Over the years, I have written articles extolling the virtues of “Equal Weight” ETFs at the expense of traditional market-cap weighted index ETFs. The folks at Rydex (now Guggenheim) certainly appreciated my observations; several equal-weight advocates even asked for republishing rights.
Here are a few examples:
1. Equal Weight Edging Out Market Cap (June, 2007). In this feature, I described the differences between basic indexing and equal weighting. Whereas the largest companies in the S&P 500 have a greater influence in the outcome of the S&P 500 SPDR Trust (NYSEARCA:SPY), each of the constituents in Guggenheim (Rydex) S&P 500 Equal Weight (NYSEARCA:RSP) has the same impact on the asset’s performance. In the bull market period of the time, RSP produced better upside gains.
2. Equal Weight ETFs Offer A Compelling Alternative (December, 2010). In this editorial, I showed performance data for equal weight possibilities in energy, technology and materials. Indeed, investors who may eschew liquidity and volatility in favor of enhanced upside potential could usually garner more upside through equal weighting; one could choose funds like Guggenheim (Rydex) Equal Weight Technology (NYSEARCA:RYT) over SPDR Select Technology (NYSEARCA:XLK) and/or Guggenheim (Rydex) Equal Weight Materials (NYSEARCA:RTM) as opposed to SPDR Select Sector Materials (NYSEARCA:XLB).
Without doubt, a case can be made that equal weighting has passed the test of time as well. With the 2008-2009 financial collapse in the mix of the prior decade, Guggenheim S&P 500 Equal Weight (RSP) appears to be a runaway success story relative to the mainstream’s favorite, S&P 500 SPDR Trust (SPY).
On the other hand, what are we really comparing? Does RSP add “smarter beta” of the broader market’s large-cap space? Or does the equal weighting of RSP merely tap market-cap weighted performance of smaller corporations?
I decided that it made sense to see how different Guggenheim S&P 500 Equal Weight (RSP) acted when compared not to SPY, but rather, the market-cap weighted iShares Russell 2000 (NYSEARCA:IWM). Surely, if RSP represented a smarter way to capture larger company performance, there should be some noteworthy differences in price movement between RSP and a premier small cap tracker like IWM. Alas, the two are virtually indistinguishable over the last 10 years.
As much as I may genuinely believe in equal weighting, the price performance of IWM relative to RSP suggests that the latter seems to capture what a traditional market-cap weighted index for smaller companies might capture. What’s more, since one is often pursuing a course of diversification, would they not be getting more diversification through a combination of SPY/IWM as opposed to RSP/IWM?
There is one other possibility for equal-weight fans. Perhaps a combination of equal weighting the S&P 500 with RSP and equal weighting the Russell 2000 with Guggenheim Equal Weight Russell 2000 (NYSEARCA:EWRS) would produce the desired diversification, “smart beta,” and performance enhancement.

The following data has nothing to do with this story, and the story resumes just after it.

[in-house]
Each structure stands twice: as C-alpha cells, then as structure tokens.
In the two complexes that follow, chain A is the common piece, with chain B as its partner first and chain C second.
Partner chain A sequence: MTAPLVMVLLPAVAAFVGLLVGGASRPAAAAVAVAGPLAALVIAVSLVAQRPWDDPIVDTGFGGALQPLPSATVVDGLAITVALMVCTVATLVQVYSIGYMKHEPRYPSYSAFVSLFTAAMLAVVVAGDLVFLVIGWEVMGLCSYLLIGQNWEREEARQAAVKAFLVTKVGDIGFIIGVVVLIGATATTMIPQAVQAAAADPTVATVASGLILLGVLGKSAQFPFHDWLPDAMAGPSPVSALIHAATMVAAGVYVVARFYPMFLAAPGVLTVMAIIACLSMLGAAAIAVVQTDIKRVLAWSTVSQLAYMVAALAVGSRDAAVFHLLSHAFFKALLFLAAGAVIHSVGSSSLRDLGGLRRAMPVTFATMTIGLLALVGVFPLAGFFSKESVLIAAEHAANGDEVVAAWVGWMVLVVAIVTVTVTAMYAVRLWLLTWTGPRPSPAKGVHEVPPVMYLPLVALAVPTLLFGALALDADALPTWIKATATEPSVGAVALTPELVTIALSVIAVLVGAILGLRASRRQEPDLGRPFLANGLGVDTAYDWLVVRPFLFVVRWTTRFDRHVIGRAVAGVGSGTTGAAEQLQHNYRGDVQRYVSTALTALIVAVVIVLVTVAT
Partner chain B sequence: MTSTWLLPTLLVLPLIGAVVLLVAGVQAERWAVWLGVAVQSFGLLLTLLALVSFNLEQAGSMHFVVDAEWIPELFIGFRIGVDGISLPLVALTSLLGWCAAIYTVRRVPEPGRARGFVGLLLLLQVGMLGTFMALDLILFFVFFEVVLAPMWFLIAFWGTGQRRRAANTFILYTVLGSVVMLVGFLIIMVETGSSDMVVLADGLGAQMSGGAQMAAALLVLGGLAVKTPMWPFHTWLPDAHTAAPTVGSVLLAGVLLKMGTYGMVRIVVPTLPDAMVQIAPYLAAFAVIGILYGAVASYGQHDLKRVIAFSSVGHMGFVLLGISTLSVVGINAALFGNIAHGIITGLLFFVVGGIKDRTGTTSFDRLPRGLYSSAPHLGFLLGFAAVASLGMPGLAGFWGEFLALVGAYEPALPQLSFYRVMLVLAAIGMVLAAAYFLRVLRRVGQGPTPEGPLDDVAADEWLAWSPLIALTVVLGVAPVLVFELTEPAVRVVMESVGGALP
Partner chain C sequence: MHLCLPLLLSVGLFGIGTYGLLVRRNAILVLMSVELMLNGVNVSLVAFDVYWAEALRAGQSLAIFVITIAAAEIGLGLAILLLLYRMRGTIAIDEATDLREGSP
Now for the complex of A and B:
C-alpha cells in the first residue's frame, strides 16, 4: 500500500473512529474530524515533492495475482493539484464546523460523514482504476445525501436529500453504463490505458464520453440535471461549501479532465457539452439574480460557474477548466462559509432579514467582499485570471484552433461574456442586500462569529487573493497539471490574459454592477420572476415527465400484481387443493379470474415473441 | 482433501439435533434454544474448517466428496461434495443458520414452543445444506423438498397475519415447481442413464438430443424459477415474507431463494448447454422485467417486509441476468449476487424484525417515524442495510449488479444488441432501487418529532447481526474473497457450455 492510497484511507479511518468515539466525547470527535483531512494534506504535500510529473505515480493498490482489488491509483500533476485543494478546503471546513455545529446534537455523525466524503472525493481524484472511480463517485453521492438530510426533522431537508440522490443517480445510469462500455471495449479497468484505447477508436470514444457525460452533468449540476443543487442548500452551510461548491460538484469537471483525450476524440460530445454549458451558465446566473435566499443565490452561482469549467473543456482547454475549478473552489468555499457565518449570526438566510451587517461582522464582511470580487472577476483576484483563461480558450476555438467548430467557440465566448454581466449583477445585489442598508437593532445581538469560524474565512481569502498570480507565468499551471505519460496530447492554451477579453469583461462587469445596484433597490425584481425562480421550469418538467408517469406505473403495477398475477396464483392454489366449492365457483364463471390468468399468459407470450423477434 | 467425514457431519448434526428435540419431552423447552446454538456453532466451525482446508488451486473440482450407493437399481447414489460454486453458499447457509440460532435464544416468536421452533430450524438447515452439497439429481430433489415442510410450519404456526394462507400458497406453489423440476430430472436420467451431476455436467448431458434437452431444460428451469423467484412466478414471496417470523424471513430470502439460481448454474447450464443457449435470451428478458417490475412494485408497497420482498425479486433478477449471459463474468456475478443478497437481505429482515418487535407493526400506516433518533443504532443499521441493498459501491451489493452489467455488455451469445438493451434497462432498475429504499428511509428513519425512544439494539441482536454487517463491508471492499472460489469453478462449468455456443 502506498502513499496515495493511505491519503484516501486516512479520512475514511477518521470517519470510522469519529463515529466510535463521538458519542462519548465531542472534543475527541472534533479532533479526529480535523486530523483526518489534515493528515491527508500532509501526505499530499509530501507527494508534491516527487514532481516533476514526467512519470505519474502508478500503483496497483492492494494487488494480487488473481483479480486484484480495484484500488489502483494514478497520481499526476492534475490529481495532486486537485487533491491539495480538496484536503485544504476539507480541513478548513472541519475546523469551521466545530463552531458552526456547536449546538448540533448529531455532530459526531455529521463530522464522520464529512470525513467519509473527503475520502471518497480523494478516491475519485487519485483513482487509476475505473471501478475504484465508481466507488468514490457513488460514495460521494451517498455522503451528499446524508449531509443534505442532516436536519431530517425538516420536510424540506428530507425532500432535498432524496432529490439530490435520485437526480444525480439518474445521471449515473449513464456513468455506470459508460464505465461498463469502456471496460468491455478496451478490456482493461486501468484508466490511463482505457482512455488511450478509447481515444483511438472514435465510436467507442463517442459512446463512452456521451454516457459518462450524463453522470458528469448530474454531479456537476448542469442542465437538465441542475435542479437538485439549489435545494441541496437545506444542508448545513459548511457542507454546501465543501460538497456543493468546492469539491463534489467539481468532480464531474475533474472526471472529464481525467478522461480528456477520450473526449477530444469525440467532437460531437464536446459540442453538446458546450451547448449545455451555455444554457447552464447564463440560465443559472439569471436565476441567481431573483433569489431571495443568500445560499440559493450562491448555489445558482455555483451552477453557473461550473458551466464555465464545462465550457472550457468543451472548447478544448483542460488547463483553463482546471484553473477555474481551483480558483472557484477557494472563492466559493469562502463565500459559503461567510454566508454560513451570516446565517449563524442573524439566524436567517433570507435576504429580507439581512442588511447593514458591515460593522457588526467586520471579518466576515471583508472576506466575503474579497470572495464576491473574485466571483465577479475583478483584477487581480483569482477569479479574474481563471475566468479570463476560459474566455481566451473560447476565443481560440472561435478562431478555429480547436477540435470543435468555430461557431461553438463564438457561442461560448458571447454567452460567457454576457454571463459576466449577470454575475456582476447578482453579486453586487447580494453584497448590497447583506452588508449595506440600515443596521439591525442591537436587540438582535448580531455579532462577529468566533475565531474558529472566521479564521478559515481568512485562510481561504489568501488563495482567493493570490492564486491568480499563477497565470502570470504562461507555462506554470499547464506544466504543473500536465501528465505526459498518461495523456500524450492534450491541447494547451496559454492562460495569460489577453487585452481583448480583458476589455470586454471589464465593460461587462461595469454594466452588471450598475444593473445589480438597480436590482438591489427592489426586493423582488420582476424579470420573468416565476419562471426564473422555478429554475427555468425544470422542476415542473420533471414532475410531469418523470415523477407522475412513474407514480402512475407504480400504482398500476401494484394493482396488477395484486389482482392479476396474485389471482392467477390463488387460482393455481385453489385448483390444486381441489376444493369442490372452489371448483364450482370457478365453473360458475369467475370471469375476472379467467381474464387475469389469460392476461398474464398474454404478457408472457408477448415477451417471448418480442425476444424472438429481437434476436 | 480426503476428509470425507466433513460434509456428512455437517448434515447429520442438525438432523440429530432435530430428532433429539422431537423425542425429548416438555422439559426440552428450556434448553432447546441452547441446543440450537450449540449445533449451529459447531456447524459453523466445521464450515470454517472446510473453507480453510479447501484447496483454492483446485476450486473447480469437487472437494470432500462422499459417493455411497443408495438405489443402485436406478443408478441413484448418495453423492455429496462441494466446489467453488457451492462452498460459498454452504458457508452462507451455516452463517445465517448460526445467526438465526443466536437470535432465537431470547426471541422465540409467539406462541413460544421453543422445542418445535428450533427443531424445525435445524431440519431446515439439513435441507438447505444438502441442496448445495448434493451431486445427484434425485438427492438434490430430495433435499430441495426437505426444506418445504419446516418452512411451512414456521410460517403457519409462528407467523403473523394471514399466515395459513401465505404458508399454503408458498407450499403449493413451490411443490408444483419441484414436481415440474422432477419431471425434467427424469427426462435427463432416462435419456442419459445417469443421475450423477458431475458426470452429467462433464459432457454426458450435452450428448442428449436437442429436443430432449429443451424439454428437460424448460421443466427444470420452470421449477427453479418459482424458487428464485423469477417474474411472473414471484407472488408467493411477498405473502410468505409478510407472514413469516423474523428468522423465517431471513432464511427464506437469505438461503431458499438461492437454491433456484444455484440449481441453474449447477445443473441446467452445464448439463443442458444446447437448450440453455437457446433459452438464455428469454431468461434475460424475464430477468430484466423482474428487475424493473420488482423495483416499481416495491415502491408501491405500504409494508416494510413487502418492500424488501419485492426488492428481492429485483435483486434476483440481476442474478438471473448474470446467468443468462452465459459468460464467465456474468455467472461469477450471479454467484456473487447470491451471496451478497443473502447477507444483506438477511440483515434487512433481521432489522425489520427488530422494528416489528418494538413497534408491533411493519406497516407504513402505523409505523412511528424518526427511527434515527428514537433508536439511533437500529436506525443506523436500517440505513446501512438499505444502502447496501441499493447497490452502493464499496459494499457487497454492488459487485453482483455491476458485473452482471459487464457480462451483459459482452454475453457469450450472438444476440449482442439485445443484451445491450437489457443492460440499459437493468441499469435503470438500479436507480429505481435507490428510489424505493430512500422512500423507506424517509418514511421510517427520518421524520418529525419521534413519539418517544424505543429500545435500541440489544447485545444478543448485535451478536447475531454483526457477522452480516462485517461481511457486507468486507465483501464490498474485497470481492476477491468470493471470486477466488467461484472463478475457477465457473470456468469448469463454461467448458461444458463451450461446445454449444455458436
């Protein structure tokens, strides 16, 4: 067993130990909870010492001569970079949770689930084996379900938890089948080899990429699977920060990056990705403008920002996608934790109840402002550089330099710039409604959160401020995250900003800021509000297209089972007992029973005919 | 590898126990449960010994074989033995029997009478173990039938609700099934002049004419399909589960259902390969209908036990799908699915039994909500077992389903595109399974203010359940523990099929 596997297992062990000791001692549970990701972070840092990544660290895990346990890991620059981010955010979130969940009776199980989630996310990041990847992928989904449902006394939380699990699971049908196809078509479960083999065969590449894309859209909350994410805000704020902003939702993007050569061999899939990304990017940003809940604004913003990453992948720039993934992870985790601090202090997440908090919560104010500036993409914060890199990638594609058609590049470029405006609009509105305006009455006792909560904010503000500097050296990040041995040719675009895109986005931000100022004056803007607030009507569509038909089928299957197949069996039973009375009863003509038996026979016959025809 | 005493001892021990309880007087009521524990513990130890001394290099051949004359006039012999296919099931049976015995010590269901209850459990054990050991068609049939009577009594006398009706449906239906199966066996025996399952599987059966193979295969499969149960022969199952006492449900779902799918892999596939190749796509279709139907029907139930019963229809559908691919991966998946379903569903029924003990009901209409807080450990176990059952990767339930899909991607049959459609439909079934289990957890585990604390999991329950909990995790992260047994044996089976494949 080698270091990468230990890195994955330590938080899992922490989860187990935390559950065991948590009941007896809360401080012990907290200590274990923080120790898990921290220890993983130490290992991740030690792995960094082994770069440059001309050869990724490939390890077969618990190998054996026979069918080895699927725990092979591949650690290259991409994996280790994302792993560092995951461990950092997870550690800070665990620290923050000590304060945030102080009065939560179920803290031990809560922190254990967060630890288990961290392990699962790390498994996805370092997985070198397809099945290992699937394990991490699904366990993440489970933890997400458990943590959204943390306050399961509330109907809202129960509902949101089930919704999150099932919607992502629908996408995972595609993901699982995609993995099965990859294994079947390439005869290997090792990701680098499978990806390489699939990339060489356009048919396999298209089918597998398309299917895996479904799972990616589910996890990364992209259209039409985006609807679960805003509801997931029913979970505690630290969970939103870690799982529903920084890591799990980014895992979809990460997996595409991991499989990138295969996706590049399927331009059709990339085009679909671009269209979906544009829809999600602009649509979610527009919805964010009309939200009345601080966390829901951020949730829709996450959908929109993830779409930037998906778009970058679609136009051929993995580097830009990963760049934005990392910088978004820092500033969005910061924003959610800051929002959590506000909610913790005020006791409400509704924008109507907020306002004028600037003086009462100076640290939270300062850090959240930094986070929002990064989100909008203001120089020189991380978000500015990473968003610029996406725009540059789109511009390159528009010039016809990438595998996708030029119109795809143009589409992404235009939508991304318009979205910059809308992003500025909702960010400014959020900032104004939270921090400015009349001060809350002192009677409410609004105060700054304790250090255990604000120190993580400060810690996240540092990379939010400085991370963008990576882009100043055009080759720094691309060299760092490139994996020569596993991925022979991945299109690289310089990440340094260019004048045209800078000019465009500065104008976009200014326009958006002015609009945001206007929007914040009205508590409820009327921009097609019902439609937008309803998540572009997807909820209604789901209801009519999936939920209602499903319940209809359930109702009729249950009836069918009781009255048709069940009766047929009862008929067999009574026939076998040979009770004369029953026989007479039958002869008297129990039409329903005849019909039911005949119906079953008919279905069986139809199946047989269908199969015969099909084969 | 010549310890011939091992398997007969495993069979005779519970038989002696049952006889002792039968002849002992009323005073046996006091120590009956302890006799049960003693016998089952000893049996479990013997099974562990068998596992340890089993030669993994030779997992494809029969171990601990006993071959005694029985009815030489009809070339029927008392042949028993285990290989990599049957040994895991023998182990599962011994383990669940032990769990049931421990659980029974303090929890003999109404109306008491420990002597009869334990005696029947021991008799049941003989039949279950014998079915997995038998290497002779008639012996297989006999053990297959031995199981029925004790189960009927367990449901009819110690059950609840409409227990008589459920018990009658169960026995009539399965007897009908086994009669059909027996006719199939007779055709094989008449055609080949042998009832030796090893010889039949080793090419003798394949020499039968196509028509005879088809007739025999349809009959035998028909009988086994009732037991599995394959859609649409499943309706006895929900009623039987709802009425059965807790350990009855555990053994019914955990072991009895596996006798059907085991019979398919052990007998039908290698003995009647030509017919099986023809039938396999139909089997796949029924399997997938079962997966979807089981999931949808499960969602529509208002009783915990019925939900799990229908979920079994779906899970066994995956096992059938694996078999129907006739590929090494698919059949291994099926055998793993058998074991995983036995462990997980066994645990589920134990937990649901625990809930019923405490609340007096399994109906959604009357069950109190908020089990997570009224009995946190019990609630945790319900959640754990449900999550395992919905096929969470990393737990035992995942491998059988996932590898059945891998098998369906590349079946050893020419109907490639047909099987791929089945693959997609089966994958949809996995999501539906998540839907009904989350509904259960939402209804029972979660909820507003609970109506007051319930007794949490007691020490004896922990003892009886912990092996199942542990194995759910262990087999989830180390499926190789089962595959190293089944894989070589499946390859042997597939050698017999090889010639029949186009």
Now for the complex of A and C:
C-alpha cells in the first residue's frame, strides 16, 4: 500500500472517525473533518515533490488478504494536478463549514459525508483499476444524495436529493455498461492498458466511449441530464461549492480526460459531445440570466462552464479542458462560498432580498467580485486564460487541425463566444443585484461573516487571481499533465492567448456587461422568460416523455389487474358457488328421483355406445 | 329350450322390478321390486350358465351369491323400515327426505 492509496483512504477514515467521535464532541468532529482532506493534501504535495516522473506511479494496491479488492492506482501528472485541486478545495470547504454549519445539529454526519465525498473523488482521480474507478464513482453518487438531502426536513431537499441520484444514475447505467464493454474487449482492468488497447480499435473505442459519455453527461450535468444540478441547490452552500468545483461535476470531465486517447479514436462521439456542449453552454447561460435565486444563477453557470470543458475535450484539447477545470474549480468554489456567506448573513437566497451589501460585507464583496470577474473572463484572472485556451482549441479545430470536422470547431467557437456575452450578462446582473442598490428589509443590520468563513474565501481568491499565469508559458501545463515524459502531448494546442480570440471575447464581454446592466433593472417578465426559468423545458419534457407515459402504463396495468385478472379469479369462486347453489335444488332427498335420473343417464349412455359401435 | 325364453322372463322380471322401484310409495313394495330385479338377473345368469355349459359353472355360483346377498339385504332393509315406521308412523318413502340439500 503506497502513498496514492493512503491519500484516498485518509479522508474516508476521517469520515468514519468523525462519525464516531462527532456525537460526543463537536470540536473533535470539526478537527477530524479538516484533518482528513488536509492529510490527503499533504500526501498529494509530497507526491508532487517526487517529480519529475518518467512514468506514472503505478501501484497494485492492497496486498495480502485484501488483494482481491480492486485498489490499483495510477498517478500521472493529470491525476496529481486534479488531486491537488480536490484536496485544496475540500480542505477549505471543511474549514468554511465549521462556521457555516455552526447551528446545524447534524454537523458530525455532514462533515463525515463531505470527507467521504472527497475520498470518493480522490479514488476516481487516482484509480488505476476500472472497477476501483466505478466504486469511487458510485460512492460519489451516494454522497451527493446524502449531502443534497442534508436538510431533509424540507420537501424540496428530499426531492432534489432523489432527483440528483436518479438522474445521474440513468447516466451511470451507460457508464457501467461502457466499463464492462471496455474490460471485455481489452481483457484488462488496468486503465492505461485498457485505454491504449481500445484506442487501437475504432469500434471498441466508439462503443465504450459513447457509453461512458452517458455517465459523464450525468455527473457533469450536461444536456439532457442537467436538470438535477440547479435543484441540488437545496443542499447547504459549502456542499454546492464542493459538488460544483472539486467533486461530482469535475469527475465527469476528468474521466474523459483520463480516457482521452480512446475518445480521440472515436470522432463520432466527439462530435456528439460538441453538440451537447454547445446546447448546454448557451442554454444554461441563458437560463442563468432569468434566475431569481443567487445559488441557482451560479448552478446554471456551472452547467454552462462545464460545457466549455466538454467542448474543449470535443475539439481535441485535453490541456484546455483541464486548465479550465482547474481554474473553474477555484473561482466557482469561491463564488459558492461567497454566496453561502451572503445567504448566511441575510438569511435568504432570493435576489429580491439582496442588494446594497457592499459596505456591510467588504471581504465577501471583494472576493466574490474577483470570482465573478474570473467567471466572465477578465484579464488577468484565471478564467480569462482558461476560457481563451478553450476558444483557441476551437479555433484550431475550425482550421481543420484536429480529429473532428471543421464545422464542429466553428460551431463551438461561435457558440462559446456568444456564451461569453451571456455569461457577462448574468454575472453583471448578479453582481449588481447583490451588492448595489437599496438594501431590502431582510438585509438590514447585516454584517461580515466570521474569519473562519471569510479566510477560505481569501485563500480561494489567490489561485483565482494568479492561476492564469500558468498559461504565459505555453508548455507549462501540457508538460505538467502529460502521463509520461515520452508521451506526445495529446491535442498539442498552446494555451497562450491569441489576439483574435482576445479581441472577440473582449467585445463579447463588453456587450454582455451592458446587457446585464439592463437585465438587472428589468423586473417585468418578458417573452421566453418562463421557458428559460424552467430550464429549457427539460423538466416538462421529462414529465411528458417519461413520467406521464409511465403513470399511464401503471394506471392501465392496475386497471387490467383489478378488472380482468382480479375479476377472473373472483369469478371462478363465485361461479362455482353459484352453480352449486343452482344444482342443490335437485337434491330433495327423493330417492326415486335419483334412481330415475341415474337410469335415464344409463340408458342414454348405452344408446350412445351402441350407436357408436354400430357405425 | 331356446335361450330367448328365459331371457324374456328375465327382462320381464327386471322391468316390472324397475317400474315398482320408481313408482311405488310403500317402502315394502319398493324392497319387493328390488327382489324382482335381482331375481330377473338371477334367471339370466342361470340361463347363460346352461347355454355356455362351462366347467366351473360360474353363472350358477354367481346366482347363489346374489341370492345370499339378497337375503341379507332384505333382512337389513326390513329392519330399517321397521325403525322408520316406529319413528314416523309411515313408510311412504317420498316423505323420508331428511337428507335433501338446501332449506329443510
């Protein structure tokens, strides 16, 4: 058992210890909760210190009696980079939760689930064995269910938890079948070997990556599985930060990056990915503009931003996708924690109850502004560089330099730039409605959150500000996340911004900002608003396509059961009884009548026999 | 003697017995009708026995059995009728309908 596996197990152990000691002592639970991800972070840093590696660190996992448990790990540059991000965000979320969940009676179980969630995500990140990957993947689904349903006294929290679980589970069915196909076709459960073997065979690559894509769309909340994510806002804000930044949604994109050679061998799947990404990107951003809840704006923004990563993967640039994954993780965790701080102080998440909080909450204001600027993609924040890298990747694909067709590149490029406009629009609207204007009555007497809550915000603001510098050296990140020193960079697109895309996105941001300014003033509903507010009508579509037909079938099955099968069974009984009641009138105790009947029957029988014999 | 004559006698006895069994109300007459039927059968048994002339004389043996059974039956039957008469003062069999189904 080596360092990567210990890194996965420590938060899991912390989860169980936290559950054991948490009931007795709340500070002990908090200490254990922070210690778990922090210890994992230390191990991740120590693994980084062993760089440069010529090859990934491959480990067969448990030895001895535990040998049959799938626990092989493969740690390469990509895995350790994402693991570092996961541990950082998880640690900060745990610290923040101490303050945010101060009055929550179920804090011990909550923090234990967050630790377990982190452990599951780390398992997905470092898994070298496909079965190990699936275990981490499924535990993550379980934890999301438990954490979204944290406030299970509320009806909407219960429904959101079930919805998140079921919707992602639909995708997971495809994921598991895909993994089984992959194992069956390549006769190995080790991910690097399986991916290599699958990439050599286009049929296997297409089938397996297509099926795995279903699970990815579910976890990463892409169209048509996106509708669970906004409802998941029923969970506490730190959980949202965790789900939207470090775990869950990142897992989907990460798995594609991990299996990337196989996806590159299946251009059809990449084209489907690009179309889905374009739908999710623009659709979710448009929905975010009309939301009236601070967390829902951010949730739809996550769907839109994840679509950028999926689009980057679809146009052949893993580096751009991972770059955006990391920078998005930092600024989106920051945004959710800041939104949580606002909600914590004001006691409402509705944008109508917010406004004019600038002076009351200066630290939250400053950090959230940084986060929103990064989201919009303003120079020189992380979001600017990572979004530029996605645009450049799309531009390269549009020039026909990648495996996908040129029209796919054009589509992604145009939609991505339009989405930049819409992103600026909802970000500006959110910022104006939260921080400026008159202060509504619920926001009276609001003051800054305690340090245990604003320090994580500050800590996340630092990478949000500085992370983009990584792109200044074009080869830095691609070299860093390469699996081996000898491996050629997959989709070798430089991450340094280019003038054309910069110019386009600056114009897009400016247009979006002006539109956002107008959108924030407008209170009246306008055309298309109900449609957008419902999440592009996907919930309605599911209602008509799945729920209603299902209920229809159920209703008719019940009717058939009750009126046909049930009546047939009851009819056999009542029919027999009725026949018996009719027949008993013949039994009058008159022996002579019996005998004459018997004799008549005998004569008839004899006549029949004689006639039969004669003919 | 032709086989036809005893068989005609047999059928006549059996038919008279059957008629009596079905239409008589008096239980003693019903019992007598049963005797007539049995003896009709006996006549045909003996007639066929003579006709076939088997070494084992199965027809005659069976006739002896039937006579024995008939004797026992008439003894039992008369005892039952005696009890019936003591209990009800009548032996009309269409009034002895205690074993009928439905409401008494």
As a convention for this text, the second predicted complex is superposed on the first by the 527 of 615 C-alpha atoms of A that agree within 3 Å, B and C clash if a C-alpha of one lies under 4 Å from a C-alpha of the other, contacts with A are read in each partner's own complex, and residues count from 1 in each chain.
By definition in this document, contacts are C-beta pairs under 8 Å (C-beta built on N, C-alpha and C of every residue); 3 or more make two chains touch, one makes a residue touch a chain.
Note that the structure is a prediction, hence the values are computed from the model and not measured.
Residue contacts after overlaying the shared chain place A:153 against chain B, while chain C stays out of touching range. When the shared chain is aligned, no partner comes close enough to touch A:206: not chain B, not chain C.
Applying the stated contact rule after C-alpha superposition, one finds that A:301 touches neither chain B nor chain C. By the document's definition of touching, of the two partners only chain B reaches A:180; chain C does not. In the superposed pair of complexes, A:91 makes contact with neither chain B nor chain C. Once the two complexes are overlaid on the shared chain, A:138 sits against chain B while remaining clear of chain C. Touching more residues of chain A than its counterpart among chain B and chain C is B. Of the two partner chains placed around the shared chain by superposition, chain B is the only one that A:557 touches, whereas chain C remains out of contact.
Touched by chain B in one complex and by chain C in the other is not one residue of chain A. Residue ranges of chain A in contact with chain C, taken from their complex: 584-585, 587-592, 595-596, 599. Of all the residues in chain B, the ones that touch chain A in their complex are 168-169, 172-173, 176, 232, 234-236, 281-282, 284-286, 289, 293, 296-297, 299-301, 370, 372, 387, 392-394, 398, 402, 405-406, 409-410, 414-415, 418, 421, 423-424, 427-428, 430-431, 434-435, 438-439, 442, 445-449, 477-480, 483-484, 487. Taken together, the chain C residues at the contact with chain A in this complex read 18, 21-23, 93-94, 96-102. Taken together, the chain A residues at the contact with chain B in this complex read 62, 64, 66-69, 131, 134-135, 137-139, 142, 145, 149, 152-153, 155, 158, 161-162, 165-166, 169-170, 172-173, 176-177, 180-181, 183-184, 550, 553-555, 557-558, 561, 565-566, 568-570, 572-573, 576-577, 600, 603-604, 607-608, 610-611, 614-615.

Still, EWRS does not seem to differentiate much from the market-cap weighted IWM. And, unfortunately, we do not have 10 years of data to discover whether a combination of RSP/EWRS would offer as much diversification and differentiation as we know SPY/IWM offers.
There’s plenty of research to suggest that equal weight investing is more beneficial than traditional market-cap weighted investing. On the other hand, back-tested research often overlooks enormously important features such as liquidity. With a mere $26 million in AUM, Guggenheim Equal Weight Russell 2000 (EWRS) would be less tradable at a desirable bid-ask spread in volatile periods. Moreover, with the price movement of Guggenheim S&P 500 Equal Weight (RSP) mimicking the price movement of iShares Russell 2000 (IWM), it is not clear if an across-the-board equal weight approach is really a ticket to success.
I still believe that equal weight has a place in portfolio construction and asset allocation. In fact, I think the greatest opportunity might rest in equal weighting sectors, since it may be more difficult tapping combinations of large technology companies and small technology companies; it may be wise to utilize an equal weight tech ETF and/or an equal weight energy ETF rather than attempting to combine large and small sector funds. At present, though, using traditional large and small in the broader market benchmarks provides the liquidity and strategic diversification that most investors require.
Disclosure: Gary Gordon, MS, CFP is the president of Pacific Park Financial, Inc., a Registered Investment Adviser with the SEC. Gary Gordon, Pacific Park Financial, Inc, and/or its clients may hold positions in the ETFs, mutual funds, and/or any investment asset mentioned above. The commentary does not constitute individualized investment advice. The opinions offered herein are not personalized recommendations to buy, sell or hold securities. At times, issuers of exchange-traded products compensate Pacific Park Financial, Inc. or its subsidiaries for advertising at the ETF Expert web site. ETF Expert content is created independently of any advertising relationships.